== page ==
Once again, at the suggestion of David Ing, here’s a Facebook post that he felt would be appropriate for this venue and he asked me to post it:
Sometimes, when human beings are engaged in science, our Anticipatory nature leads us into Anticipatory Dysfunction. This is why I constantly caution people who are saying “trust science!”… Not all people doing science are good at it. And not all have good intentions, either, but that’s not what this story is about.
Excerpt: “Even worse were the predictions of how many teams would support each hypothesis. Whether made by the teams themselves, or by a group of experts not taking part, the predictions were wildly over-optimistic. The worst offender (hypothesis 2) was supported by the results of only about 25% of the teams, but its predicted support was about 75%. So not only did the teams not agree on what was true, they also couldn’t predict what was true and was not.”
A hypothesis is a prediction, interpretation is prediction, and then there are the predictions about which predictions would be supported by which teams… This is what I would call a SNARL.
I remember a guy (I’m sure he thought of himself as “a scientist”) who “proved”-- using computer models of women’s physiology-- that women could not possibly synchronize their menstrual cycles with other menstruating females they were in close proximity with, over time. And I just sat there, laughing, as I read his incredibly arrogant and ridiculous paper. Because I am someone who has lived with female physiology all my life and no digital computer model is going to be reliable for accurately representing such complex systems, first of all. Secondly, his own mental models for interpreting anything to do with female physiology were obviously biased as well as extremely oversimplified, from the outset (rendering him unfit to do science on this subject, in my opinion). And thirdly, my own experience (and I daresay the experience of all menstruating females everywhere) utterly and unequivocally contradicted his “conclusions”. I sort of wish I had memorized his name but at the time I was not interested in devoting the mental resources to doing so.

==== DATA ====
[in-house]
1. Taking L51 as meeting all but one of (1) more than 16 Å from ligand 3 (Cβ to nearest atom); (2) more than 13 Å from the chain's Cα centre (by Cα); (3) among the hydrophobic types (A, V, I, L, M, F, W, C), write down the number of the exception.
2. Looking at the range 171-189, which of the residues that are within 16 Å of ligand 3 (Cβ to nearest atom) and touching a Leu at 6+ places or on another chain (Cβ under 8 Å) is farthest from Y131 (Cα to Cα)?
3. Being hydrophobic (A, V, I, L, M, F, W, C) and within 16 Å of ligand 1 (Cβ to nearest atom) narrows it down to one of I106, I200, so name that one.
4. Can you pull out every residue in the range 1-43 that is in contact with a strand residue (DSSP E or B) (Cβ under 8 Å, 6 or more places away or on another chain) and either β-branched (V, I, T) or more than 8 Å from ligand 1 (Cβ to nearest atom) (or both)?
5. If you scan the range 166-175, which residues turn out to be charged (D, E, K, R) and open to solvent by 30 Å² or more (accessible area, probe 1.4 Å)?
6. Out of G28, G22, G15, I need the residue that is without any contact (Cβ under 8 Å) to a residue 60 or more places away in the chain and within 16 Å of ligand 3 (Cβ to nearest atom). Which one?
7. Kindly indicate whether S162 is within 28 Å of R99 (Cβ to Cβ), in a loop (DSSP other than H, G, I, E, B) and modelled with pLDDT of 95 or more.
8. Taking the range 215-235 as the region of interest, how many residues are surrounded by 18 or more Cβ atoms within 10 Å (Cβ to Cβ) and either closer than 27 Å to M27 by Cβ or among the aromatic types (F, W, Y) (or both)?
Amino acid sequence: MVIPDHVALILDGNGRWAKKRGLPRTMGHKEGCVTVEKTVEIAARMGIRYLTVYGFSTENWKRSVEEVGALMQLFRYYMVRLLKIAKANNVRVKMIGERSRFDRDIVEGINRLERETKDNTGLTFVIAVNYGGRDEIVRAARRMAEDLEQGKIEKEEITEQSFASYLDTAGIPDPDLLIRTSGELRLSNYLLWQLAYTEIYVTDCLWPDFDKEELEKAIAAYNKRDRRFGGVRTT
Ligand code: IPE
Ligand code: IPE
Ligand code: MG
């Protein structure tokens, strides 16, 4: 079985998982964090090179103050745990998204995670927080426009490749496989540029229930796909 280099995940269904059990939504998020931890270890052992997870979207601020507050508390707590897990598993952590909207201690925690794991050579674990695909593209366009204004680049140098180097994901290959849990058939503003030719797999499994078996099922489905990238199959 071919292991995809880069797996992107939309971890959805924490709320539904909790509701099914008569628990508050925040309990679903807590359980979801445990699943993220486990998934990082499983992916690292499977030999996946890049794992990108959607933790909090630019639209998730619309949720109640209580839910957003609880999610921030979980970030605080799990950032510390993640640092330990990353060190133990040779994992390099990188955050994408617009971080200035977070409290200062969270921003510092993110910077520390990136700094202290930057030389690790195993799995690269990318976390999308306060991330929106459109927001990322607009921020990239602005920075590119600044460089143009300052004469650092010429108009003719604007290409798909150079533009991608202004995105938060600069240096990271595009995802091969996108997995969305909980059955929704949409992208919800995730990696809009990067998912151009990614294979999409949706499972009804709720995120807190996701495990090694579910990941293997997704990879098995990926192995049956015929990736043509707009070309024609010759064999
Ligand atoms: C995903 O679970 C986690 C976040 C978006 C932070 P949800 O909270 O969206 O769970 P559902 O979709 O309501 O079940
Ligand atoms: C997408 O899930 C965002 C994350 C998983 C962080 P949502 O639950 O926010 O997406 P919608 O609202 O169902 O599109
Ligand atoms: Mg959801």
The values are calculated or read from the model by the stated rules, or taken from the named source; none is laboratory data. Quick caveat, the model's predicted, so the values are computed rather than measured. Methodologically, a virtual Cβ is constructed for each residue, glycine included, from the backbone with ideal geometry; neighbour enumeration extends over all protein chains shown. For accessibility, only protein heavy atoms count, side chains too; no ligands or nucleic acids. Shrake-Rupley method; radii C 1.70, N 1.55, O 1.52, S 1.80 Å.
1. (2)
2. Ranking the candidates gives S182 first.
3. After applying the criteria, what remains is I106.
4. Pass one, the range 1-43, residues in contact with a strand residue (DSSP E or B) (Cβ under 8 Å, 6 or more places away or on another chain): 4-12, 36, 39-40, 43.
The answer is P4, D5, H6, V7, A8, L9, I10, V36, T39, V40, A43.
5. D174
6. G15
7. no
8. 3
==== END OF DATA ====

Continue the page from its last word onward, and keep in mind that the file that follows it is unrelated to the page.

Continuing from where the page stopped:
The point is that science is only as “good” as the scientists. However, good science (meaning: scientific work done by intelligent, creative, talented practitioners with strong integrity and commitment to the truth) is the only way to safely navigate dangerous situations like the current phase of human evolution on planet Earth. A great many of the ways we are interacting with our planet need to change, radically. How to do that so we don’t make things worse instead of better? Prediction, and modeling-- in science and in the human mind-- have a massive role to play in all of it.
So, it behooves us to engage in tests like this and then study what the results can tell us about our scientific reliability. My father’s Modeling Relation diagram would help them enormously.